China has a massive looming energy crisis that few seem to focus on. Part I explained how two thirds of the country’s energy comes from coal and that China’s coal is running out fast. Part II will look at what is being done about it and what it means for investors.
You might think the answer to China’s problem is just to import more coal. And in fact this is what China has already been doing. The country had a production deficit of 9 million tonnes in 2003, but that had swelled to 85 million tonnes by 2013. That’s still only 4% of total Chinese coal consumption of 1.9 billion tonnes, but it’s up nearly tenfold in ten years.
Coal is not a global market in the same way as oil or liquid natural gas are. It’s regional at best.
The problem with coal is that it’s bulky, heavy and dirty stuff. This makes it difficult and expensive to transport. Oil and natural gas can be pumped down pipelines and in and out of tanker ships. Coal has to be piled up, and shovelled, and dropped, and shovelled, and piled up again at every stage in the transportation. For this reason most coal exports are over relatively short distances. Coal is not a global market in the same way as oil or liquid natural gas are. It’s regional at best.
Given all this, China is in a scramble to develop new energy sources, particularly for electrical power generation. Oil is one option, but in 2013 domestic production was already only 40% of consumption, and China’s proven oil reserves to production (R/P) ratio is less than 12 years (similar to the USA but much lower than the world’s 55 years).
So shifting power production from coal to oil just creates a new problem. Plus oil is just another dirty power source like coal, and most of the imports would likely have to come from the Middle East. That means relying on an unstable region and running the gauntlet of the US navy on the high seas. China is not yet in a position to challenge the US in that regard.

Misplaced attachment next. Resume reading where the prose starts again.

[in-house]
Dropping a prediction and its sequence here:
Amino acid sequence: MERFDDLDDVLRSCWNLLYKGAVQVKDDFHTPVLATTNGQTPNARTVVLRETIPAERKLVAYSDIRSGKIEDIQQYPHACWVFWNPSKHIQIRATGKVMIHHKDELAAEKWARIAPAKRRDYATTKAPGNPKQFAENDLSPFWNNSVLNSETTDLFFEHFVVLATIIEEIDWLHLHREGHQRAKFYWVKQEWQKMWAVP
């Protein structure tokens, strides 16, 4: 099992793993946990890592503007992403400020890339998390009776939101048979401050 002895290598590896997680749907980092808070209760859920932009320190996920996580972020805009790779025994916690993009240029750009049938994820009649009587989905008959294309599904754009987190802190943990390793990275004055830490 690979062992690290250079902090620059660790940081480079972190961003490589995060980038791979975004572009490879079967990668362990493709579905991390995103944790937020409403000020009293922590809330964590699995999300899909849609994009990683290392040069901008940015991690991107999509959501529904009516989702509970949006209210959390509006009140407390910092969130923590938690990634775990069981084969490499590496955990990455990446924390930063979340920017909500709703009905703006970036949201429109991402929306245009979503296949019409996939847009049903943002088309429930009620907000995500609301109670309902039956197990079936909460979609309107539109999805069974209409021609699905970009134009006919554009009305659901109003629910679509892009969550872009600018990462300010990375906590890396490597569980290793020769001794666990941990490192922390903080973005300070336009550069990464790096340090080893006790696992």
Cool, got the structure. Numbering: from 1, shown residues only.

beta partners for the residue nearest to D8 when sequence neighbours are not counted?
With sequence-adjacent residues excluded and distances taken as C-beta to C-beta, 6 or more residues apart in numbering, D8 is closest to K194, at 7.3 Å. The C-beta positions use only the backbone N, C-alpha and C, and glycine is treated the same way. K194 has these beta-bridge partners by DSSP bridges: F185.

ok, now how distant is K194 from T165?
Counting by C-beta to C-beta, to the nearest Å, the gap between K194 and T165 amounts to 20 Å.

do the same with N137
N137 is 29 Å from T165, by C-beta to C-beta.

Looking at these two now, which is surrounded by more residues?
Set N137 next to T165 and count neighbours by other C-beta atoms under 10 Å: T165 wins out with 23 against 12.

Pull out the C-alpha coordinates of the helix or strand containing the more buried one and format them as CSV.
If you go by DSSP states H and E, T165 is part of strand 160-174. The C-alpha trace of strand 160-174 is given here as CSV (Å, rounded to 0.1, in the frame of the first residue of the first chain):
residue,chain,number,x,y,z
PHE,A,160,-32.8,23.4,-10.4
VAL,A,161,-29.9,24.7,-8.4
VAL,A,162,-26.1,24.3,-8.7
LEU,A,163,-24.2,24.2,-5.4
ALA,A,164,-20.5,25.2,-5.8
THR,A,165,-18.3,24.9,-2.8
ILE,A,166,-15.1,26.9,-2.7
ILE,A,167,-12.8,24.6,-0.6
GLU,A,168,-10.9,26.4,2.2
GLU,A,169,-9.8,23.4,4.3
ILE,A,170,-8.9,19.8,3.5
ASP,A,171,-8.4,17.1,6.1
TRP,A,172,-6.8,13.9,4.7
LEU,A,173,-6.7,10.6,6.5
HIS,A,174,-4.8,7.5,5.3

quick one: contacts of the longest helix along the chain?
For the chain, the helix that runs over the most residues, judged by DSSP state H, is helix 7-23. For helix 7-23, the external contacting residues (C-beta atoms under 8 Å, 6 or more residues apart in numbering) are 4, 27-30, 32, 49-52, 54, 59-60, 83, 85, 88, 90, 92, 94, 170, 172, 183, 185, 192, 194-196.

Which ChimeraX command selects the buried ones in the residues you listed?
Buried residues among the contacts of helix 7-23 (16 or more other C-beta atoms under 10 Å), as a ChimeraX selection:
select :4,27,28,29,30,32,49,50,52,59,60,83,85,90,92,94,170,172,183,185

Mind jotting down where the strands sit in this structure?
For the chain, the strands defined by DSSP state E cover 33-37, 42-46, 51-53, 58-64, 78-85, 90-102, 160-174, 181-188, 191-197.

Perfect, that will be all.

That leaves hydroelectric power, other renewables (solar, wind, geothermal, biomass and waste), nuclear and natural gas. Between these sources China has to replace much of its current coal usage and cope with ever growing overall power demands as well.
There are only so many rivers to dam, so we can assume there is little or no growth potential here. In fact China already produces a quarter of the world’s hydroelectric power.
Let’s deal with the renewables first. China has already made massive investments in hydroelectric power, most famously with the Three Gorges dam on the Yangtze river, the largest power plant in the world. China gets 7% of its energy from hydro, which is the same as the world as a whole. There are only so many rivers to dam, so we can assume there is little or no growth potential here. In fact China already produces a quarter of the world’s hydroelectric power.
What about other renewables? For all the political, environmental and media coverage, combined these made up just 2.2% of world energy sources in 2013 (latest BP figures). Admittedly that was up a lot from 0.7% in 2003, but it’s still just the tip of the iceberg.
The sun doesn’t always shine (clouds, smog and night time!), the wind doesn’t always blow, and not all coastlines are suitable for wave or tidal installations. Geothermal, which involves extracting heat from deep underground, may have potential as a reliable source. But it depends on geography and is still practically developmental. Even biomass involves burning waste (pollution) or redirecting valuable farmland away from food (e.g. maize/corn for ethanol).
Global renewable energy production grew 15% a year between 2003 and 2013. At that rate, with compounding, we may find in a couple of decades 10%, 20%, or even 30% of world energy consumption comes from renewable sources. The current leaders in this area are Spain (13% of energy used) and Germany (9%).